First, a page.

Women in one village in the Jaffna district of northern Sri Lanka have been rolling beedi with their bare hands for over fifty years in a gendered survival economy. This is no accident.
CEPA Junior Researcher Prashanthi Jayasekara
"Economic empowerment” and “restoring livelihoods” are tropes that are too often fetishised within Sri Lanka’s post-war development discourse, especially in relation to women living in former war-affected regions. Be it providing small grants, microfinance, or cattle and poultry to “rebuild livelihoods”, the state and development actors alike have been spearheading various development projects targeting women. While the extent to which these programmes empower women remains questionable, some women continue to be left out of post war development altogether. This is the case with the women of Vettikadu, a poor low caste village in former war affected Jaffna in Northern Sri Lanka.
For over fifty years women in Vettikadu have been rolling beedi within the confines of their homes. Despite the fact that the bare hands of these workers undertake the core production functions associated with the beedi trade, they are only compensated one fifth of the final market value of each beedi stick that they roll. The remaining market value goes to the bigger players within the trade.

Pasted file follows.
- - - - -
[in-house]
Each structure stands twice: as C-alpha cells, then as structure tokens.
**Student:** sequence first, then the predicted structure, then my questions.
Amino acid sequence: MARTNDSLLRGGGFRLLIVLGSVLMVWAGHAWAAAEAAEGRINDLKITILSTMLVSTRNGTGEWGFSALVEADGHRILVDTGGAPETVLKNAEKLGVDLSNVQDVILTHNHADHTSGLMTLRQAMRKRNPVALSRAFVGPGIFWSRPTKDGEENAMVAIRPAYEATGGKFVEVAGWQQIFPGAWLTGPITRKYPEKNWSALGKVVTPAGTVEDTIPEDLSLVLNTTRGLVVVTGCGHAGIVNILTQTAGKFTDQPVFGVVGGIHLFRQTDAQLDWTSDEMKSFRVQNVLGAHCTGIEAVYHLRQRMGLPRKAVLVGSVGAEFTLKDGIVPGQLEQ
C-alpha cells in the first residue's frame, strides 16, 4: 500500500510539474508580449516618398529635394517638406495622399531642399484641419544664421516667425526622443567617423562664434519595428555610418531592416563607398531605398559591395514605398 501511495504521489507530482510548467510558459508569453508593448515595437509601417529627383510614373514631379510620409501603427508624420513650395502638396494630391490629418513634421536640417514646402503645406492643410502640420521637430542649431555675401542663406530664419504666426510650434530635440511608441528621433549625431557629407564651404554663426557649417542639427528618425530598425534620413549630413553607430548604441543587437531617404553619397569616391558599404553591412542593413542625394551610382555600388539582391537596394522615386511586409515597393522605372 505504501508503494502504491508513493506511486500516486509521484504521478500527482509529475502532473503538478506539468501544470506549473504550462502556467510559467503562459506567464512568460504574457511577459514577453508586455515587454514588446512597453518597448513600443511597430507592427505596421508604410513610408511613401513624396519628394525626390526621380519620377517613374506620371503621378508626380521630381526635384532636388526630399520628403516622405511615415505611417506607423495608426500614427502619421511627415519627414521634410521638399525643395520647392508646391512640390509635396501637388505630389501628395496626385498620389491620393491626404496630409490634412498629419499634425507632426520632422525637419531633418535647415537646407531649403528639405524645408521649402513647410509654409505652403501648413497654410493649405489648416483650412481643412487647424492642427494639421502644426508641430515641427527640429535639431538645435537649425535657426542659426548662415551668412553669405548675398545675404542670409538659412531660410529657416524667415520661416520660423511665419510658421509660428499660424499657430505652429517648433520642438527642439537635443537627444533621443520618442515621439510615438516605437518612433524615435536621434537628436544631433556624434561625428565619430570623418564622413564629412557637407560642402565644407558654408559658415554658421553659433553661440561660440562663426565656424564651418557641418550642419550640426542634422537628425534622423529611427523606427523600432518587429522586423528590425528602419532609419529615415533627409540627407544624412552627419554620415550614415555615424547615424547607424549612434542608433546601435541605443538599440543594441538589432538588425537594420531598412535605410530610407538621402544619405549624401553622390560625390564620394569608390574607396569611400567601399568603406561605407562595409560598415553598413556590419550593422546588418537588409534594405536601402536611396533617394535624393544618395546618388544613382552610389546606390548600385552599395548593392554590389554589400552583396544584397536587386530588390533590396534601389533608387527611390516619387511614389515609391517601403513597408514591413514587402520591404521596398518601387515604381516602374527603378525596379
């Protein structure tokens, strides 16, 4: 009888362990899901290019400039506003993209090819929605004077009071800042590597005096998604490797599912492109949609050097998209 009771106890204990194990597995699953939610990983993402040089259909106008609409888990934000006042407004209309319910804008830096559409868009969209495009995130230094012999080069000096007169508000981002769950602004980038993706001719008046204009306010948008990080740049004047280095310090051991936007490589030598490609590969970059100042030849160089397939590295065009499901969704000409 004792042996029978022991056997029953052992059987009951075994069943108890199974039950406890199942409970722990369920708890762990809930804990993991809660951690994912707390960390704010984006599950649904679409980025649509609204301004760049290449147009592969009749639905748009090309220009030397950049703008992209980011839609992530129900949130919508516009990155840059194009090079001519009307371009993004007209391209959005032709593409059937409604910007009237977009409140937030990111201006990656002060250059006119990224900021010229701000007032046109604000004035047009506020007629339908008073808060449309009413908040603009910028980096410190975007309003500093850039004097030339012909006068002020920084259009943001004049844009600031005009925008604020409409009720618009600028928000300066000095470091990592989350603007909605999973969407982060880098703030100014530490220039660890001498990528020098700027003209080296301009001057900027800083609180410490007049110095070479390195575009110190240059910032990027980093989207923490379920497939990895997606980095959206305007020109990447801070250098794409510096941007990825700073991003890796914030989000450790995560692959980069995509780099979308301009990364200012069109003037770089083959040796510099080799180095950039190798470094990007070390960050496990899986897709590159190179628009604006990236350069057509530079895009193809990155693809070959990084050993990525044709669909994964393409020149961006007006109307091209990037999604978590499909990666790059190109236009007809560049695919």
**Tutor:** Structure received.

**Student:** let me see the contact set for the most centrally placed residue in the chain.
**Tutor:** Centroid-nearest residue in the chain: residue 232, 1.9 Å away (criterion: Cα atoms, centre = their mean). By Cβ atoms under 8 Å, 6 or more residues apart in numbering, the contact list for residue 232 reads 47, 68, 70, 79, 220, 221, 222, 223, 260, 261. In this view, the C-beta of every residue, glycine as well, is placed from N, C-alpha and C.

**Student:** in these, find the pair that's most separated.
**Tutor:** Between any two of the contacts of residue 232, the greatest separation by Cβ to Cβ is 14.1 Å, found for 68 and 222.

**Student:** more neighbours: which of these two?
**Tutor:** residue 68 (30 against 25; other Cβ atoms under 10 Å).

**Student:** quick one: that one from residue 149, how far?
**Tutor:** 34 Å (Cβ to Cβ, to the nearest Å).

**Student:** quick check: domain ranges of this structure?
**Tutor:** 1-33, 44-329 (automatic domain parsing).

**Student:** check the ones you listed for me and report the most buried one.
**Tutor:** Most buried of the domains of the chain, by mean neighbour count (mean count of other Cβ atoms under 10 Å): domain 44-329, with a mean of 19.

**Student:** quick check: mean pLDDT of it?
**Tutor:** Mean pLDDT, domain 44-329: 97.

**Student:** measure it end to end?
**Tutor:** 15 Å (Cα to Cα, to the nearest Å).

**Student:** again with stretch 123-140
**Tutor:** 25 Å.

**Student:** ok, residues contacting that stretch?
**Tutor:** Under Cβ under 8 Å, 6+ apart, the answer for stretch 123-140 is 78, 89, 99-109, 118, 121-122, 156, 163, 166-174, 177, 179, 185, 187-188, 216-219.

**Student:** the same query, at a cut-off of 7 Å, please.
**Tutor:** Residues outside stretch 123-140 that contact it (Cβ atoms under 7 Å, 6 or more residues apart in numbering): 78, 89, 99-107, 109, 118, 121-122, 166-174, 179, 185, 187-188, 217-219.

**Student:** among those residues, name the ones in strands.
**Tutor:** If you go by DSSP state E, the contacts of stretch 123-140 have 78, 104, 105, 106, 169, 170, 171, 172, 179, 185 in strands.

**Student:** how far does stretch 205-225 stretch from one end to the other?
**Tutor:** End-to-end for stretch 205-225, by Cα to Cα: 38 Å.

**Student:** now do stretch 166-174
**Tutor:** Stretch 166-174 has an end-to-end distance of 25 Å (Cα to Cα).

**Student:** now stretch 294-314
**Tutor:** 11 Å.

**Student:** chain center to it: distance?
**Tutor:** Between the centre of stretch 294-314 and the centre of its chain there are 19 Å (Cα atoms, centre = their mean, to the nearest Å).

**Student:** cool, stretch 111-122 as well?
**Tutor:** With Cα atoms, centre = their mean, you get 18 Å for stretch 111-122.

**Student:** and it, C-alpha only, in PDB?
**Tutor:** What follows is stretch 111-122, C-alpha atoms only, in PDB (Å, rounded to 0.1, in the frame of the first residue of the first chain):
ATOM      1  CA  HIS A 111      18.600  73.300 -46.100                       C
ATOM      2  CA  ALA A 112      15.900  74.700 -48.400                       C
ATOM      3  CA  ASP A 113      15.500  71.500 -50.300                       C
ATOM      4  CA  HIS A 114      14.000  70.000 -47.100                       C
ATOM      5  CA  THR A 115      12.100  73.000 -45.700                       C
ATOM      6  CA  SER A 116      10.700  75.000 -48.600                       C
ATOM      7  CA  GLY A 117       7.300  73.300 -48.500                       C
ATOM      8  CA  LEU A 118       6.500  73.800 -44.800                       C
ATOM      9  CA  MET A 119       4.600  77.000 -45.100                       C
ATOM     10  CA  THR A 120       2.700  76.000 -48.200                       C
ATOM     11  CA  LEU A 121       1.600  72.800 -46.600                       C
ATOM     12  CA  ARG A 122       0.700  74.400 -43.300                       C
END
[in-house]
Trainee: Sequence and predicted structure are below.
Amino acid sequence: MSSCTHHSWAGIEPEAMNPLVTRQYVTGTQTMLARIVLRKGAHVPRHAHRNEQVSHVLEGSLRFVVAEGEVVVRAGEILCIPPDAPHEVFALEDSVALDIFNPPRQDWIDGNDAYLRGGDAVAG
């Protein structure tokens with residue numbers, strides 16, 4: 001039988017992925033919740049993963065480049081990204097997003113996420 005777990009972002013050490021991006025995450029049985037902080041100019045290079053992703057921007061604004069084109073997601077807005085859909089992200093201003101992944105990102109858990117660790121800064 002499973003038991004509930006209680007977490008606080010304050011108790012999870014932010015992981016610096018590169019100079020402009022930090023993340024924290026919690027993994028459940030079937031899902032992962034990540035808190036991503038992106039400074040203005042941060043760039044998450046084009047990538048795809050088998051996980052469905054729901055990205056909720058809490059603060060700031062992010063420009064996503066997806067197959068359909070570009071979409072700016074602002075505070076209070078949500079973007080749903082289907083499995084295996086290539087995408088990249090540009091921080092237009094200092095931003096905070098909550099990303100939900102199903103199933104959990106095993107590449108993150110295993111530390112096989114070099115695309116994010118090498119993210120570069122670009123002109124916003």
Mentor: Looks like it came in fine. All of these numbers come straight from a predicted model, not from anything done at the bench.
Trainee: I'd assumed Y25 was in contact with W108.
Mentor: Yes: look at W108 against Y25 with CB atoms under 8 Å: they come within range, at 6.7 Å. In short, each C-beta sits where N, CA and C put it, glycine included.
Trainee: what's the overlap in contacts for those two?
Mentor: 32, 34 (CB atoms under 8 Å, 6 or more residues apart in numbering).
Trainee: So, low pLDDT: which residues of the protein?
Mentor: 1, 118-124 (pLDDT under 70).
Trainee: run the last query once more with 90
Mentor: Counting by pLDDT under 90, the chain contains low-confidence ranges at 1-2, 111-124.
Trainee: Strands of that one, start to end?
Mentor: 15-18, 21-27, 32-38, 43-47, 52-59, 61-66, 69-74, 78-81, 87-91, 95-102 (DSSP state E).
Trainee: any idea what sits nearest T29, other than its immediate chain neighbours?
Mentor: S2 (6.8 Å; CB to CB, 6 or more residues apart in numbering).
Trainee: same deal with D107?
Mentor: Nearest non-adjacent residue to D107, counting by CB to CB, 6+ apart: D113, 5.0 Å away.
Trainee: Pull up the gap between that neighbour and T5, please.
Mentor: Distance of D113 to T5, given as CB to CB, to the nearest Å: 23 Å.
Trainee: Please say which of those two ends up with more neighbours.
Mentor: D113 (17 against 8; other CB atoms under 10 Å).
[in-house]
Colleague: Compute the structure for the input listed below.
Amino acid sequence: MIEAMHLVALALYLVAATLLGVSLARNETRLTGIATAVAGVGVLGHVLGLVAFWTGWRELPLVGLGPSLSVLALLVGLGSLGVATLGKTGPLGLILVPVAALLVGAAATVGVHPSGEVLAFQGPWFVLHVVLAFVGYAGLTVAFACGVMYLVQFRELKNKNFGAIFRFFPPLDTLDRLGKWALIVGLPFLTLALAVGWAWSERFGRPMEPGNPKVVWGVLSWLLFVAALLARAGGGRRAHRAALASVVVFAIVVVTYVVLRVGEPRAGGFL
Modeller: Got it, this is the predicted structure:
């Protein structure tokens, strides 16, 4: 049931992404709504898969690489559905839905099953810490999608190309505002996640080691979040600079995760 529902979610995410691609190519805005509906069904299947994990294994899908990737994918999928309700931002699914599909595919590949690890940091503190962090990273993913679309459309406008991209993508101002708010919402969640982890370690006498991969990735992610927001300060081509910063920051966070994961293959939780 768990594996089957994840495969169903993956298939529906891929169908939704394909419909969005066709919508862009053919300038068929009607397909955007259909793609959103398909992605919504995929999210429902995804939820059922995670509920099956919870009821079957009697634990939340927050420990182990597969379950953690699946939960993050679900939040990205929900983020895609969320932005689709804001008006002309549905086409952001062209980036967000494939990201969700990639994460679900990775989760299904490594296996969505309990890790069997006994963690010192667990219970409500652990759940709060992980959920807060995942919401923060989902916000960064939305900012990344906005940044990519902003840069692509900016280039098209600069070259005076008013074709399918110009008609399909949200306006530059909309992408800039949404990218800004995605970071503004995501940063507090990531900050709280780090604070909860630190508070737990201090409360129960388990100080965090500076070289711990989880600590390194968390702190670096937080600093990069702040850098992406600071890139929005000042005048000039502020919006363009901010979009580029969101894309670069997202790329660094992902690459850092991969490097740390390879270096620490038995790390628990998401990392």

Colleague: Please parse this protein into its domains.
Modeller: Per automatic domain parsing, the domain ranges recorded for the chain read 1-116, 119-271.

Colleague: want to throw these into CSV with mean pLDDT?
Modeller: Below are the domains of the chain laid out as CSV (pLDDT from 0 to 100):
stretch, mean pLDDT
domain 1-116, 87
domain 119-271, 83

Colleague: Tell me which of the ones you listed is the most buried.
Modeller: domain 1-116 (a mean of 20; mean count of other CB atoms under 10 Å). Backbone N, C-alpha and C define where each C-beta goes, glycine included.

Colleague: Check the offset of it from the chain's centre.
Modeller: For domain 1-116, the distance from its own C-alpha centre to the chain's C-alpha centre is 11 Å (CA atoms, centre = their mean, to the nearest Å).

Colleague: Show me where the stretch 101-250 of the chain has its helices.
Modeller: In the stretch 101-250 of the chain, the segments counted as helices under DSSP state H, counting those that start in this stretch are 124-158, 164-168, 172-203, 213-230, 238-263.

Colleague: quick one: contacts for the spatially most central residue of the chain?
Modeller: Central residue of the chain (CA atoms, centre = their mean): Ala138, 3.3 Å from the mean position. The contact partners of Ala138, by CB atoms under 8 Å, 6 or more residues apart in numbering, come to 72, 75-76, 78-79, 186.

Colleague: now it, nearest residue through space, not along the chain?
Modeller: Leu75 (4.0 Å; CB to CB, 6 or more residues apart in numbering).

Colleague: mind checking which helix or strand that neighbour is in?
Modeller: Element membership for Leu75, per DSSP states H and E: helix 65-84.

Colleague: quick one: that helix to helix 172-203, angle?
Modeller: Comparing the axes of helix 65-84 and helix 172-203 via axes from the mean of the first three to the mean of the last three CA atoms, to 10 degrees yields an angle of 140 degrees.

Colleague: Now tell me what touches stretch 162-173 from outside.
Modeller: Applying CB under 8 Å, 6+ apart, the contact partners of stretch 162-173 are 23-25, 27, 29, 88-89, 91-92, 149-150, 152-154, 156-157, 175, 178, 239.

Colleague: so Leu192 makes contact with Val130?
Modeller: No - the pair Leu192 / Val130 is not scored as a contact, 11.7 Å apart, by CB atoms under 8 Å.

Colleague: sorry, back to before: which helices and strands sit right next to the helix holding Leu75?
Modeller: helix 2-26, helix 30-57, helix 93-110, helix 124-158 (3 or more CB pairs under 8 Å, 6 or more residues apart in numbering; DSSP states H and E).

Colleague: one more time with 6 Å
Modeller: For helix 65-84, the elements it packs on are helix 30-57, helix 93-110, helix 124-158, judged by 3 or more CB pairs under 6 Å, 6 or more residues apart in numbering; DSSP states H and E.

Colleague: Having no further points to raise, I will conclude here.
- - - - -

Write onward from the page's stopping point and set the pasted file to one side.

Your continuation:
This alienation of workers from the final product is maintained through informality that is imposed upon the workers. In other words, the company’s only connection with the workers is through middle men who manage the extraction of labour. In this way the company escapes its obligation to pay fair compensation, provide other welfare benefits such as insurance and pensions, while seriously undermining the workers’ health and wellbeing. Given the paltry wages that are paid, women are compelled to manage by borrowing - buying food on credit, mortgaging lands or pawning jewellery - or simply by cutting down on essentials like the number of meals or medical treatment. Meanwhile, the island-wide beedi industry has been growing exponentially, almost at 200%, since 2007, and is currently an industry worth 4 billion rupees a year.
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The names of individuals and the village in this article have been changed to protect identities.